This was a "Winterreise" of strong contrasts; in "Gute Nacht," for example, "Was soll ich länger weilen" was only just on the right side of loudness, whereas "Will dich im Traum nicht stören" was so quietly sung that one felt the audience leaning forward. Overall, the interpretation had moved on from his Wigmore Hall (with Charles Spencer) performance - that was a mainly angry, at times muscularly stoical journey, whereas this was elegiac, poetic, heartbreakingly forlorn and deeply involving. "Der Lindenbaum" was a case in point; the crucial line of temptation, "Hier findest du deine Ruh'" was no longer sung as though it were an ironically false suggestion, but as something in which the narrator so much longed to lose himself; you no longer felt like shaking your head ruefully, instead you just wanted to weep at such desperate anguish. Indeed, a sense of the most unutterable sadness prevailed throughout the cycle, in which the few moments of bravado were even more poignant; there was no suggestion that this wanderer is on the brink of madness, or that he is some sort of stoical wayfarer trudging his way towards either death or transfiguration - on the contrary, this was "Winterreise" as I had always dreamed of hearing it but never yet had - possessing a sense of "innigkeit" which informed every note, and sung and played with a rapture and sense of devotion which had me on the edge of my seat, and the edge of tears, throughout.

In such a wondrous performance, there were so many high points that it is difficult to select - but as I write this five days later, I can still hear Quasthoff's melting tone and heartfelt word pointing at "Doch an den Fensterschieben /Wer malte die Blätter da?" and his unaffected yet poignant phrasing of "Von Wonne und Seligkeit." In songs such as "Einsamkeit," which sometimes appear to pass unnoticed, singer and pianist established and maintained a true Schubertian "gehende bewegung," and although there was nothing exaggerated at "Ach! dass die Welt so licht," no one could have been unmoved by the way in which the sentiment seemed to go from heart to heart. Similarly, "Der greise Kopf" was a small miracle of expressiveness and a perfect demonstration of how to involve your audience in a narrative; "Und hab' mich sehr gefreuet" held within it all the false bravado of the narrator, and the final "Auf dieser ganzen Reise!" made your throat constrict with its sense of vehement longing.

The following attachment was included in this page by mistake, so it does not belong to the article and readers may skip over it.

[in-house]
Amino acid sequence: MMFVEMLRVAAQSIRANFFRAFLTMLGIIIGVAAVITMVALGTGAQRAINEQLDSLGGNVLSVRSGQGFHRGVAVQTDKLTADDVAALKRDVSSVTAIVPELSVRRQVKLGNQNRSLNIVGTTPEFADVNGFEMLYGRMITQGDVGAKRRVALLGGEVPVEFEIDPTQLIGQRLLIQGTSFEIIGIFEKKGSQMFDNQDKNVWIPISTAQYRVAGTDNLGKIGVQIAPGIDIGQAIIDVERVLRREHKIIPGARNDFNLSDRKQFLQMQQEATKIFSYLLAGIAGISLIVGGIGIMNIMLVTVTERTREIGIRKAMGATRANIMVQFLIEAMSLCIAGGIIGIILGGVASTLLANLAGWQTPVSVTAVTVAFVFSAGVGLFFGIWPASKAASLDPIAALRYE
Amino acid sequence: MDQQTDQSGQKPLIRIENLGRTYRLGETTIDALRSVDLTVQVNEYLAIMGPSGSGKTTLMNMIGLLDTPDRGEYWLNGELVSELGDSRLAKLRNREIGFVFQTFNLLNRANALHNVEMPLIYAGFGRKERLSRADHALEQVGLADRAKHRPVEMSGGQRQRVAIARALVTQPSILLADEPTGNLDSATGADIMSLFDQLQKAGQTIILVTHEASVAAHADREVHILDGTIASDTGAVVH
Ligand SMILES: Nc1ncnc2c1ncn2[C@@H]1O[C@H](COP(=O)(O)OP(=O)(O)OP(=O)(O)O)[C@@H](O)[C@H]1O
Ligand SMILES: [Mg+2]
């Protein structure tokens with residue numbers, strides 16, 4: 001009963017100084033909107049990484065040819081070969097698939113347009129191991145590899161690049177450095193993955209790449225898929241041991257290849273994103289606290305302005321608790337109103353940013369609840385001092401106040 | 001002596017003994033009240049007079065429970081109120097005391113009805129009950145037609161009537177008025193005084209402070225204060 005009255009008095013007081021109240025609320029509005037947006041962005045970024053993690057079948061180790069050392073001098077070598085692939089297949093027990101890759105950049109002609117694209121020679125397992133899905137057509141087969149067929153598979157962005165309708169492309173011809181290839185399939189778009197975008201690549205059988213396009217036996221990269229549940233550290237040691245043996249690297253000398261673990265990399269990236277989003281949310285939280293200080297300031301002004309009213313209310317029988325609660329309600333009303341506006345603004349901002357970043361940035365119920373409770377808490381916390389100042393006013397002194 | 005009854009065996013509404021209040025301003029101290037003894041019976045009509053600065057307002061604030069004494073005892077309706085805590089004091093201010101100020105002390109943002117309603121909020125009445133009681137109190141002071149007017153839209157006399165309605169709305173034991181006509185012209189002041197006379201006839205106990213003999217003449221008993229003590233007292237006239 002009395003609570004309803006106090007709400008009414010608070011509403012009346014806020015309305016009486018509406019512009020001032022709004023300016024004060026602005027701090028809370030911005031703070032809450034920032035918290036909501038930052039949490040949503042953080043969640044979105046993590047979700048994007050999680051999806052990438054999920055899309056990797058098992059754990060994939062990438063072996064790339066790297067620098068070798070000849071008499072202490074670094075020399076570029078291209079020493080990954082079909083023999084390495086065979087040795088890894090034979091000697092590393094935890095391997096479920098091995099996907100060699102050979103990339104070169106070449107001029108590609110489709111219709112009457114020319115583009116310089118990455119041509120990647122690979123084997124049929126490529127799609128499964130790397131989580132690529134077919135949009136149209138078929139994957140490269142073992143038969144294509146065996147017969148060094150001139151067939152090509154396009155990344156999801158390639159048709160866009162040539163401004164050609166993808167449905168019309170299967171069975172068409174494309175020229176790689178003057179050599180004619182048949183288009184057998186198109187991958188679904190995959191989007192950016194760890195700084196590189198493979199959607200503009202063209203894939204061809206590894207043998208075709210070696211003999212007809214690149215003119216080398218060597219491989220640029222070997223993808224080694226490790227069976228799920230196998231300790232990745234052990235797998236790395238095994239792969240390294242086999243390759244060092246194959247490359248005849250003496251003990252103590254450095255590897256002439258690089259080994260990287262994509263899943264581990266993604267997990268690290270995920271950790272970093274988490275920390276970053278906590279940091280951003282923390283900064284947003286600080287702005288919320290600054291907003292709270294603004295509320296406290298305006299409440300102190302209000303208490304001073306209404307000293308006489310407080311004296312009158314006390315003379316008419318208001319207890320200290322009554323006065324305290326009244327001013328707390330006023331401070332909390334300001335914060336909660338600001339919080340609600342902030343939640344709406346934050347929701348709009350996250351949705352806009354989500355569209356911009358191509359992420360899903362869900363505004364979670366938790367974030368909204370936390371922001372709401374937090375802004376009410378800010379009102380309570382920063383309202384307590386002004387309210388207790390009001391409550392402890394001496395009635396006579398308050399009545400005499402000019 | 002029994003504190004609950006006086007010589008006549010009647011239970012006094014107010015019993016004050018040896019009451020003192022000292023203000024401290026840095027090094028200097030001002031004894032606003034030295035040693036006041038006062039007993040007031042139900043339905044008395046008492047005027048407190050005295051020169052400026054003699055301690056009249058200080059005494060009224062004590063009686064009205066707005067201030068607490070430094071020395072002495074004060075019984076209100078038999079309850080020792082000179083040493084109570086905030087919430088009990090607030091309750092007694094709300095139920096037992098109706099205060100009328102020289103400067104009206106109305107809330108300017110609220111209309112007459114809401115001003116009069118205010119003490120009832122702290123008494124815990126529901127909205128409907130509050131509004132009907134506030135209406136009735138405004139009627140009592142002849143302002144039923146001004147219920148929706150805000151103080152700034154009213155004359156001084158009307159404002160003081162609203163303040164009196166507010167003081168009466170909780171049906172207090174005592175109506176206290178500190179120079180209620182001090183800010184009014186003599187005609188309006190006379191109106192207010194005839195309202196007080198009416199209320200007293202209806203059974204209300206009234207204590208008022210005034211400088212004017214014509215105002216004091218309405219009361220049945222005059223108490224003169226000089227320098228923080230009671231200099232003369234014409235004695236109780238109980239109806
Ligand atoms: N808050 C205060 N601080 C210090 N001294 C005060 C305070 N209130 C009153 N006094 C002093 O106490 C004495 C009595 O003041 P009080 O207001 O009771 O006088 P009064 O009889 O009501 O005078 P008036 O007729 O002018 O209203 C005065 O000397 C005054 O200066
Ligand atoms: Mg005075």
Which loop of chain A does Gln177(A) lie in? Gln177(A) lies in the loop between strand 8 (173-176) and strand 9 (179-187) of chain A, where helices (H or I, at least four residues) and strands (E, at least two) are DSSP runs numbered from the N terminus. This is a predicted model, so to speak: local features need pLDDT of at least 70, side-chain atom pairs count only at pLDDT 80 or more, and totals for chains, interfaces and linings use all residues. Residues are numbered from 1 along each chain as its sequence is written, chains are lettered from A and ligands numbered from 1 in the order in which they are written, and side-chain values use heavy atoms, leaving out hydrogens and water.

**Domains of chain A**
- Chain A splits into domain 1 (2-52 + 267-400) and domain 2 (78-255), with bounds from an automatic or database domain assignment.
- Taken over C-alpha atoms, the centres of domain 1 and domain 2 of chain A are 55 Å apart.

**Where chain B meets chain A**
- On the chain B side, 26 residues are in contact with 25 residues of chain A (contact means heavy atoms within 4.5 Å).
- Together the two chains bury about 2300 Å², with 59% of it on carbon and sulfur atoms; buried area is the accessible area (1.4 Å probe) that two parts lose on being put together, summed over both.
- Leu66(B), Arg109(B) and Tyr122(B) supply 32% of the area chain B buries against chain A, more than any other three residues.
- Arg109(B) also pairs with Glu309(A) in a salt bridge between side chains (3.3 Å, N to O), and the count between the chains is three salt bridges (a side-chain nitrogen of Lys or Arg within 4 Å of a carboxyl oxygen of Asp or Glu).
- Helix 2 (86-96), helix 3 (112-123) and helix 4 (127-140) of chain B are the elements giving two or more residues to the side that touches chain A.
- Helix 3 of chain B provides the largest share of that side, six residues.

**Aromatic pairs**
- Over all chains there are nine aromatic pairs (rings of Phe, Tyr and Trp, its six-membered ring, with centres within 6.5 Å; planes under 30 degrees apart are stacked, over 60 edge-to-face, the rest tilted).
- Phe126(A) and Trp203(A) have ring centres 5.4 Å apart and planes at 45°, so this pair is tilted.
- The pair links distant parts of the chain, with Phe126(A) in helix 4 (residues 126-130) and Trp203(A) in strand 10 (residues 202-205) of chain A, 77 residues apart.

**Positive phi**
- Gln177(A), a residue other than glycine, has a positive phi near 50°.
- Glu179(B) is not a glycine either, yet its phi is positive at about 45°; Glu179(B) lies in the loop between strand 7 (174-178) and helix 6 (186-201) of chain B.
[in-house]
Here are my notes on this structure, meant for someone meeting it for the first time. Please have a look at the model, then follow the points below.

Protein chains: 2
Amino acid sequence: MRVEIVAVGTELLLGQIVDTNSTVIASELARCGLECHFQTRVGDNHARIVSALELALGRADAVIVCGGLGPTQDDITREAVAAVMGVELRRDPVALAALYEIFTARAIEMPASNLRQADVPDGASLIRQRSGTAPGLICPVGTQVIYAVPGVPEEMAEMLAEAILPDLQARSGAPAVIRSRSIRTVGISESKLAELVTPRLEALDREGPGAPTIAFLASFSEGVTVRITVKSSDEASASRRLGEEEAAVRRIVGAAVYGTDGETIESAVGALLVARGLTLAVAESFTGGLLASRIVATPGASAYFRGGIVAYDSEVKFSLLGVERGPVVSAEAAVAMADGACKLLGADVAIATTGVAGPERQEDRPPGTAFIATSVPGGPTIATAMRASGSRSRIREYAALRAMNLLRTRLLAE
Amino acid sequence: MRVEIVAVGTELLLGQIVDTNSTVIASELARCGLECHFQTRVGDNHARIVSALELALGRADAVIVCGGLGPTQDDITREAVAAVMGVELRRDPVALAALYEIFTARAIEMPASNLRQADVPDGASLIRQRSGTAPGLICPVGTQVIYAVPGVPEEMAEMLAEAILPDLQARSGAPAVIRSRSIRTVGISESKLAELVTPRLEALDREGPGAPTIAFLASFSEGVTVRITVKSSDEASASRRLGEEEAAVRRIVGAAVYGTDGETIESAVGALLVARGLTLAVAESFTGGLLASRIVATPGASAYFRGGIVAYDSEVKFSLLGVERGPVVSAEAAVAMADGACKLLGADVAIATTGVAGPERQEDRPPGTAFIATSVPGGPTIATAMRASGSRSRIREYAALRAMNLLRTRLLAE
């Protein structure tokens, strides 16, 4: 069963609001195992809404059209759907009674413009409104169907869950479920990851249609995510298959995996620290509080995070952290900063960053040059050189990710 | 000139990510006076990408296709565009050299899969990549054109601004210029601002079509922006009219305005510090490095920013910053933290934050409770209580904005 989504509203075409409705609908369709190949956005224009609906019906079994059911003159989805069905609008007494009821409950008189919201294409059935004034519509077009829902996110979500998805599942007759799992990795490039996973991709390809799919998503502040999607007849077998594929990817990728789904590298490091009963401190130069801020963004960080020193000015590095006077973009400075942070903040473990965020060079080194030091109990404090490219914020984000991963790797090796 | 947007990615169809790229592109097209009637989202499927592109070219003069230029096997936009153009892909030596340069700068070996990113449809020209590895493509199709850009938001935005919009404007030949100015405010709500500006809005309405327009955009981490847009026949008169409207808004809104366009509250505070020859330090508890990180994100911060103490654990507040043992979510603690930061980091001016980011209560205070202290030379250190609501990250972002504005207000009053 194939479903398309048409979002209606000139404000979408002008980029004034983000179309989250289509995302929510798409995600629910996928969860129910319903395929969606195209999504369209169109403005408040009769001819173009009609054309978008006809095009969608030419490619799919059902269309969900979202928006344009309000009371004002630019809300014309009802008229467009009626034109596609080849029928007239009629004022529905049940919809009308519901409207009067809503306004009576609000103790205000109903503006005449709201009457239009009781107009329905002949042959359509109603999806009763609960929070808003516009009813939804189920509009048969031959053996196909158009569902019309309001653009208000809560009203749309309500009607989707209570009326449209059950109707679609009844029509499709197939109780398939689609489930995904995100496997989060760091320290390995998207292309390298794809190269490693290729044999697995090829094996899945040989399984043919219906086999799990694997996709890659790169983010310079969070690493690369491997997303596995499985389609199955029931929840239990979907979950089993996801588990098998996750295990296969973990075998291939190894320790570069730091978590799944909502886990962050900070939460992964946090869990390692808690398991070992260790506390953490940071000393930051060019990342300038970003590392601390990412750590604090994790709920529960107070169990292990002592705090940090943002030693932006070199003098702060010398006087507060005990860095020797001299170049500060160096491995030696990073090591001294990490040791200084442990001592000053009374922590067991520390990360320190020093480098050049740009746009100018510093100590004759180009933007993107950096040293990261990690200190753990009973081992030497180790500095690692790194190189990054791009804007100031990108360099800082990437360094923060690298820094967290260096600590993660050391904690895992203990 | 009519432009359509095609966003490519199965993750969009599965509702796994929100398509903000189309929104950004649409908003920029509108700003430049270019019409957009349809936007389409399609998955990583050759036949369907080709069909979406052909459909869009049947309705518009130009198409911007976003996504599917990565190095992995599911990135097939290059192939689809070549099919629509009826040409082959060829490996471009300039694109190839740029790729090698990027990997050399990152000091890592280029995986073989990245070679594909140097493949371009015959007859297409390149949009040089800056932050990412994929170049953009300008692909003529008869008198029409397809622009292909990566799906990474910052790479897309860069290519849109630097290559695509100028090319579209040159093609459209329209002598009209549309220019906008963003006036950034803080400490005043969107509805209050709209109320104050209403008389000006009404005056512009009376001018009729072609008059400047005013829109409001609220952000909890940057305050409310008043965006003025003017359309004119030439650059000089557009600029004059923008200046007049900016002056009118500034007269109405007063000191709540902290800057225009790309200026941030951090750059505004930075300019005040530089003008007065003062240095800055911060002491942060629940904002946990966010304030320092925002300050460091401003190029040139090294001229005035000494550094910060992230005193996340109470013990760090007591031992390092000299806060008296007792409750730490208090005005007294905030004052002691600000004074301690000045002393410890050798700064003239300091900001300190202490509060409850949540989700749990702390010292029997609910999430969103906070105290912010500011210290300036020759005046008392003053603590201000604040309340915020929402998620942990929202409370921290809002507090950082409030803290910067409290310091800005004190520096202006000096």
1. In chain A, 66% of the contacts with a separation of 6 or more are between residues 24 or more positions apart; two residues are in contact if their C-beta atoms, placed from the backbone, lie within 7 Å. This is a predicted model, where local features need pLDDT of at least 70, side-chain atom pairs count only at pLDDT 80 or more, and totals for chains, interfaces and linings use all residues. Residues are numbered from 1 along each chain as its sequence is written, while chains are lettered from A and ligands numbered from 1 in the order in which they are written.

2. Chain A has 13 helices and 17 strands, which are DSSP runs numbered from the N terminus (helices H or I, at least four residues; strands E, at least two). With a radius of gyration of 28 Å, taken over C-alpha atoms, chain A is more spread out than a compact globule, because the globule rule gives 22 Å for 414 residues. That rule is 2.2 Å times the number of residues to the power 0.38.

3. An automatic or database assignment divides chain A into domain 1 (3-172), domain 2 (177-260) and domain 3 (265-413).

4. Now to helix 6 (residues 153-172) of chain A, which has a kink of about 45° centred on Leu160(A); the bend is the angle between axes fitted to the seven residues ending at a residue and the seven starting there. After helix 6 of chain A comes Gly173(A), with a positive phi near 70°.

Best of all was "Das Wirtshaus," another song where I sometimes "switch off" and find myself waiting for my favourite, "Die Nebensonnen." Quasthoff and Zeyen made you hear the shape of the music as well as the narrative, and it is impossible to give high enough praise to Zeyen's rapt, poetic, devoted playing, as well as to Quasthoff's miraculous handling of the words - "Die müde Wandrer laden / Ins kuhle Wirtshaus ein " conveying all the doomed yet inviting temptation of the grave, "Bin matt zum Niedersinken," giving a real sense of aching weariness, and the final lines having an almost canon-like grandeur.

The final lines of "Die Nebensonnen" are marked pp for the piano, and here

Quasthoff carried on this quietness in his singing, intoning the words so slowly and softly, and with such a tremulous air of rapture, that you could hear the audience almost breathing as one. "Der Leiermann" brought the cycle to a triumphant close; after a long silence, a richly deserved standing ovation for a performance which I cannot imagine being equalled by any other singer and accompanist today; I'll finally get to hear Goerne and Schneider in "Winterreise" at Glyndebourne in October, but until then, the only final comment which seems appropriate for what I heard on this occasion is from Donne's "The Relique:" - "Alle mesure, and alle language, I shoulde passe / Shoulde I telle what a miracle (s) he was."

Melanie Eskenazi